Saudization to worsen employment woes-A A +A
By JM Agreda
Saturday, July 23, 2011
AT A time when employment opportunities in the country are declining, another policy from the country's top foreign employer might pose problems for Filipino migrant workers, a government official said.
The recent Saudization policy of Saudi Arabia might affect job opportunities for non-skilled workers, said Delfina Camarillo, Philippine Overseas Employment Administration-Cordillera director.
Camarillo said although effects of the policy are not felt at its early stage this year, the Middle Eastern state's new ruling will affect the country's economy partly as remittances from millions of overseas Filipino workers there will decline.
However, Camarillo pacified concerns of skilled workers there as they are unlikely to be retrenched since most Filipinos working there have high-end skills unmatched by skills of residents of the oil-rich state.
At their regional office, she said they have a steady rate of workers landing jobs in Saudi Arabia despite the policy.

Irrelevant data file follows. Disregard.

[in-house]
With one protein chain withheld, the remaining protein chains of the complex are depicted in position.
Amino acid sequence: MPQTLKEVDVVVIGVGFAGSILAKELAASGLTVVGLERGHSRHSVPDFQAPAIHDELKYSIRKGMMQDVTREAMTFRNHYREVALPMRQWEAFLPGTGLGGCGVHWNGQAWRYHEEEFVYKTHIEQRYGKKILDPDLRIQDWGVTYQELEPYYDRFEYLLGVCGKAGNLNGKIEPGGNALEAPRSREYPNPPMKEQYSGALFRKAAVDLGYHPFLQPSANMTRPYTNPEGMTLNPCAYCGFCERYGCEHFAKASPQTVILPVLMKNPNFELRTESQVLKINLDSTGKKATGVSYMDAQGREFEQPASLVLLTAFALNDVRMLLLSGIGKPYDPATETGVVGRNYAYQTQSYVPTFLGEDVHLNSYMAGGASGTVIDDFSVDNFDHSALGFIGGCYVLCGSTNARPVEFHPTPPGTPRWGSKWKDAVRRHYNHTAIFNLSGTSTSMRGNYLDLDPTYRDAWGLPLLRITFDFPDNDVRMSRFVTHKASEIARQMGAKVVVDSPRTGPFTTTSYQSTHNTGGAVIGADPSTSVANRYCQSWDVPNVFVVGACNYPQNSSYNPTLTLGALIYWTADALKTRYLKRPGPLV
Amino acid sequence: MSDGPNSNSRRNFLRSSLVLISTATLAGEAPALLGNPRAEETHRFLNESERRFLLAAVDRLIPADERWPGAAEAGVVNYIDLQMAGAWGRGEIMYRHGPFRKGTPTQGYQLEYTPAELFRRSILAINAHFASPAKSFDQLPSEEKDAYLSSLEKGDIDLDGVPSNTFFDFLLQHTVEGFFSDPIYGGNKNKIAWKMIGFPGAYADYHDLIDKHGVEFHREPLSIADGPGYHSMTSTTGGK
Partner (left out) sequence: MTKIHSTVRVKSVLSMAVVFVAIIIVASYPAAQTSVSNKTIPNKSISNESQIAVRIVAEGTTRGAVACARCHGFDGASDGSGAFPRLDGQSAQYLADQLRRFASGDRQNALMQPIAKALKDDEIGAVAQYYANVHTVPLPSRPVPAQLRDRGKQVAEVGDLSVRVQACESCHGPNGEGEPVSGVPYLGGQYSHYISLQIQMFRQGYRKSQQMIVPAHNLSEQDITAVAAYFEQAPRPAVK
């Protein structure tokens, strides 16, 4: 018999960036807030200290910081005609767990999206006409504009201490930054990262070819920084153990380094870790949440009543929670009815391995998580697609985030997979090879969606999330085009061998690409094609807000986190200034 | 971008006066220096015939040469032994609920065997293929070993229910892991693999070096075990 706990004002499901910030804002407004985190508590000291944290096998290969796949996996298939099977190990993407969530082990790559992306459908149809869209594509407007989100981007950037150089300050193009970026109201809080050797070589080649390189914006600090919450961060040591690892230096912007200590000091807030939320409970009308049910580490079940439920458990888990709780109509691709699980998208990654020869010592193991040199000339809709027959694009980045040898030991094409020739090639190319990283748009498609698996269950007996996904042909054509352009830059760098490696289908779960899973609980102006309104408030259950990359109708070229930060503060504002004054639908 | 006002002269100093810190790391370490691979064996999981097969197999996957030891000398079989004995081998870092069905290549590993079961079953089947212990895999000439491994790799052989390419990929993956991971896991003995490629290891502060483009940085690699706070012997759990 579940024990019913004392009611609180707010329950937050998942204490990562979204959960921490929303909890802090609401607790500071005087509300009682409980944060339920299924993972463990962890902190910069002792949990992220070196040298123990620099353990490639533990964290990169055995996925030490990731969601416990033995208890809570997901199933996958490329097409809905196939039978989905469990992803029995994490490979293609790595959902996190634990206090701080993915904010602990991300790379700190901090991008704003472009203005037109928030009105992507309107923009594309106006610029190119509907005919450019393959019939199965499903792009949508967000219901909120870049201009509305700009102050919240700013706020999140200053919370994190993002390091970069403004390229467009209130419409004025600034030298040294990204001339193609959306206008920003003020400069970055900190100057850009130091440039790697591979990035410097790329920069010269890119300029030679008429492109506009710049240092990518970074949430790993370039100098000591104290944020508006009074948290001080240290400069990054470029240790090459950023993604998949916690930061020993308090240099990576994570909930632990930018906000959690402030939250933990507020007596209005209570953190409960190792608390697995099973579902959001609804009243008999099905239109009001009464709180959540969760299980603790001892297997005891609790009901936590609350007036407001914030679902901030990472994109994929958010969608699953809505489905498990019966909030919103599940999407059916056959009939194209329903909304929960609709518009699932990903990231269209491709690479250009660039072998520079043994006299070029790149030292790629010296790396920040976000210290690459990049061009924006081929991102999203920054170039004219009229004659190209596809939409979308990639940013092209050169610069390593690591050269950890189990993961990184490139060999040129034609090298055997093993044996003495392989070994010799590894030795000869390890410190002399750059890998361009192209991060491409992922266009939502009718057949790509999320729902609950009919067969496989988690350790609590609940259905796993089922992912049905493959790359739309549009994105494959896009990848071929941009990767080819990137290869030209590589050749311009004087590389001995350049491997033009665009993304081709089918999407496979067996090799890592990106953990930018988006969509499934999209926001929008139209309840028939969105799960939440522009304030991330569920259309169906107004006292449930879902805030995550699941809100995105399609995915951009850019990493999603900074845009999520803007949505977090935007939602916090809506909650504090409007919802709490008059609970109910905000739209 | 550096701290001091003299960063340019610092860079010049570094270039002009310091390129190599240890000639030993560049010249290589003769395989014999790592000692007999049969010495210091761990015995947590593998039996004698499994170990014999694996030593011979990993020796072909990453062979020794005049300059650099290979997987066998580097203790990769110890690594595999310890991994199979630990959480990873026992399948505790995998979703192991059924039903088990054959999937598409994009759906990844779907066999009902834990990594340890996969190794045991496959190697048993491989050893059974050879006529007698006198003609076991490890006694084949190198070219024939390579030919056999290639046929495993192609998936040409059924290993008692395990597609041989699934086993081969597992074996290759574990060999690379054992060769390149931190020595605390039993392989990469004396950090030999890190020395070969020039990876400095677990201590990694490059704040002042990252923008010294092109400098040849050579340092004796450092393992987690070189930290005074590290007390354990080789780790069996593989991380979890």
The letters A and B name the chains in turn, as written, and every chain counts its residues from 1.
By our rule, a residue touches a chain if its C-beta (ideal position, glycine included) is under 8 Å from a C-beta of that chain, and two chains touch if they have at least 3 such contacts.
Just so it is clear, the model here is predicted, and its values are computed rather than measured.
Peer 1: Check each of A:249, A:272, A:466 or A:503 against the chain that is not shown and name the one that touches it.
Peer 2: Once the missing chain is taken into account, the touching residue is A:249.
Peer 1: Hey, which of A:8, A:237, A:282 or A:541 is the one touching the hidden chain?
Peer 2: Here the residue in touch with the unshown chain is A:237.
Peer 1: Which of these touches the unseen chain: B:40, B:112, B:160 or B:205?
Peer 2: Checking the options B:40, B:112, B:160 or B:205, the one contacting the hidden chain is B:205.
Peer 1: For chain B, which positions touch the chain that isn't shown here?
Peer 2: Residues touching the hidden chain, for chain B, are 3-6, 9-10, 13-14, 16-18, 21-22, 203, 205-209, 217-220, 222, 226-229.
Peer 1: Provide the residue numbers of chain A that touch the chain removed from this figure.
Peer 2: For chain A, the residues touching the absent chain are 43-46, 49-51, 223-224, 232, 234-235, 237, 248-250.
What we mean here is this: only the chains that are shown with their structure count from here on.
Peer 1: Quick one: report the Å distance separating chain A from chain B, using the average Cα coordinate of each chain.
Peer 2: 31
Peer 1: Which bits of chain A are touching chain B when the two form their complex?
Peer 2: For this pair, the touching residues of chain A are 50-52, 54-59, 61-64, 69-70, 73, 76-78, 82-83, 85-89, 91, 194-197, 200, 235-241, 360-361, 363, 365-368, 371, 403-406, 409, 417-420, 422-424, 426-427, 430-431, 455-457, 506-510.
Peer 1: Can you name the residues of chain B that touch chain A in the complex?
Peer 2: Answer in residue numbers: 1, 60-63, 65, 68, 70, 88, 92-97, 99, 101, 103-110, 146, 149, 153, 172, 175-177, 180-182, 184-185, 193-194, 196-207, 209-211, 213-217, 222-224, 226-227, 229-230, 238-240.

She said only a few with visas stamped for "exit only" were not able to go back because many employers there still re-hire Filipino workers.
She said jobs that might be affected will probably fall in the administrative, sales and staff services sector as the state will prioritize their residents first before hiring other foreign nationalities.
Housekeeping jobs might also be affected, as early reports from Migrante International recently showed some 150,000 Filipina domestic helpers in danger of not having their contracts renewed.
Camarillo stressed the Philippine government policy will not allow domestic helpers to work there with salaries below US$400.
As to Filipino nurses there, Camarillo said that as skilled workers, nurses need not worry especially those from private hospitals as most of them are preferred employees of the state.
Saudi Arabia remains as the top client of the country in terms of foreign employment with over two million Filipinos and their families living in the country.
Camarillo said from 2008 to 2010 alone, some 8,000 Cordillerans went to Saudi Arabia for employment but estimates from the agency showed Cordillerans working there could be as high as 15,000 to 20,000 especially as many workers have established jobs there since the 1980s to 1990s.
Published in the Sun.Star Baguio newspaper on July 23, 2011.